All the chatter around social networking seems apropos considering it is—at its core—a communications media. However, examinations of the demographics, trends, and impact send some mixed messages. For example:
Facebook users get lower grades in college features an Ohio State University study where the 85% of students who are Facebook users get lower grades. Yet Facebook, YouTube at work make better employees: study highlights an Australian study where workers who use the Internet at work are 9% more productive. And opportunities abound as Social Networking jobs are steadily rising.
Meanwhile, the intersection of social networking and recruiting continues to be controversial. Jobseekers are counseled on How to Turn Social Networking Into a Job Offer while Bosses and Workers Disagree on Social Network Privacy.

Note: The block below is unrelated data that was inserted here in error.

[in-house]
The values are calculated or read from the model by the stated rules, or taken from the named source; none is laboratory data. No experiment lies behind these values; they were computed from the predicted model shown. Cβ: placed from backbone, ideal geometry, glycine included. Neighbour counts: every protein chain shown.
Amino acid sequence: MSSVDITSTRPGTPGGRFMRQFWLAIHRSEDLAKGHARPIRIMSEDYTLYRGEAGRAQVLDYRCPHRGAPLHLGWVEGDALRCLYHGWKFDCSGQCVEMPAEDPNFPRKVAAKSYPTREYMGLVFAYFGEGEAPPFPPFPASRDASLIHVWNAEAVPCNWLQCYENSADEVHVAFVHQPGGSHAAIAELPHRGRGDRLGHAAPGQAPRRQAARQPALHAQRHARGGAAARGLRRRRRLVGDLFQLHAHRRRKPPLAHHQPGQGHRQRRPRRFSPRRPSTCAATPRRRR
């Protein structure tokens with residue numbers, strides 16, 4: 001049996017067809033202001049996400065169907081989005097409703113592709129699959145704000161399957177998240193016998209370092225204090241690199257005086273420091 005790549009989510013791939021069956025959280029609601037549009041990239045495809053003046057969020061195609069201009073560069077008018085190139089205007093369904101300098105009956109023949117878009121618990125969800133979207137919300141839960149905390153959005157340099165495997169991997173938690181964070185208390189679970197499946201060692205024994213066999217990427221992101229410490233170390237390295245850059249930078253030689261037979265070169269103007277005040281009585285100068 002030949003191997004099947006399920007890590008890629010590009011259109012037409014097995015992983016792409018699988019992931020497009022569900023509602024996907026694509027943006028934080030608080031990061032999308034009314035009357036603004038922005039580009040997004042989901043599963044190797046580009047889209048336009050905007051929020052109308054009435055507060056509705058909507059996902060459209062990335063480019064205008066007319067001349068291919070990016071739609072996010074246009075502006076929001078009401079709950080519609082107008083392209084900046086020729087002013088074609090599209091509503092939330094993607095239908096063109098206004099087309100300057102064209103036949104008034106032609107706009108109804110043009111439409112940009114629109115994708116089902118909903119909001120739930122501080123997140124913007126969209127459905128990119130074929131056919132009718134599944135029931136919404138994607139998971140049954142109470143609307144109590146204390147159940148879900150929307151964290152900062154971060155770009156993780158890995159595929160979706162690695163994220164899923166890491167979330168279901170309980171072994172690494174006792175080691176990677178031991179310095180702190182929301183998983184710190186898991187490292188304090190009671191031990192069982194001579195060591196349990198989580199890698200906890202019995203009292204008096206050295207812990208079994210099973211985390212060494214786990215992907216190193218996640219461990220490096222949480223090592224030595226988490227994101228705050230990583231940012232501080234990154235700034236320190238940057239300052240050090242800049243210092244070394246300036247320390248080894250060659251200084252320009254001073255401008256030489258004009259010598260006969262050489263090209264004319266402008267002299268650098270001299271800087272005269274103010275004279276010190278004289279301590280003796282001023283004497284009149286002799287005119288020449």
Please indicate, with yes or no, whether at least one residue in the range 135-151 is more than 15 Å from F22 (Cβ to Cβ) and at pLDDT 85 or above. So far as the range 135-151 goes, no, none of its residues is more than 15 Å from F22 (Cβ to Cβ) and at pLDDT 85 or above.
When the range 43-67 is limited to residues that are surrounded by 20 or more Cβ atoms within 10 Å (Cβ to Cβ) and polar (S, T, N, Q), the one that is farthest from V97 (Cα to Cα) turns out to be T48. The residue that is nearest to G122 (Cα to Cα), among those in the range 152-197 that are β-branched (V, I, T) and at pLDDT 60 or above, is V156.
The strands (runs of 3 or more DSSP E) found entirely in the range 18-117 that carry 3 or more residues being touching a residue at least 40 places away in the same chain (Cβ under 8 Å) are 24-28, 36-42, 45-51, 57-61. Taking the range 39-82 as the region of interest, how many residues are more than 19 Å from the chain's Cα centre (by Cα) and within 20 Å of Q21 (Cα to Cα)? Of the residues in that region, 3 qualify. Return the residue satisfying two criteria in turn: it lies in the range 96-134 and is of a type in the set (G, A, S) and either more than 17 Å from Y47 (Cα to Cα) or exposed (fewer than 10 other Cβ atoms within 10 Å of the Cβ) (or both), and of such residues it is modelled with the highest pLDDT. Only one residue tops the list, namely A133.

The Consumer Internet Barometer found 43% of the online community now use social networking sites, up from 27% a year ago. But College Students’ Facebook Use Easing Up Over the Summer, While Parents Logging On in Record Numbers.
The social networking demographic has surely broadened beyond Gen Y along with the applications of the technologies.
Successful organizations are using social technologies to complement their talent strategies. Find out more in the presentation below:
Original source: Social Networks and Talent Strategies, by Alice Snell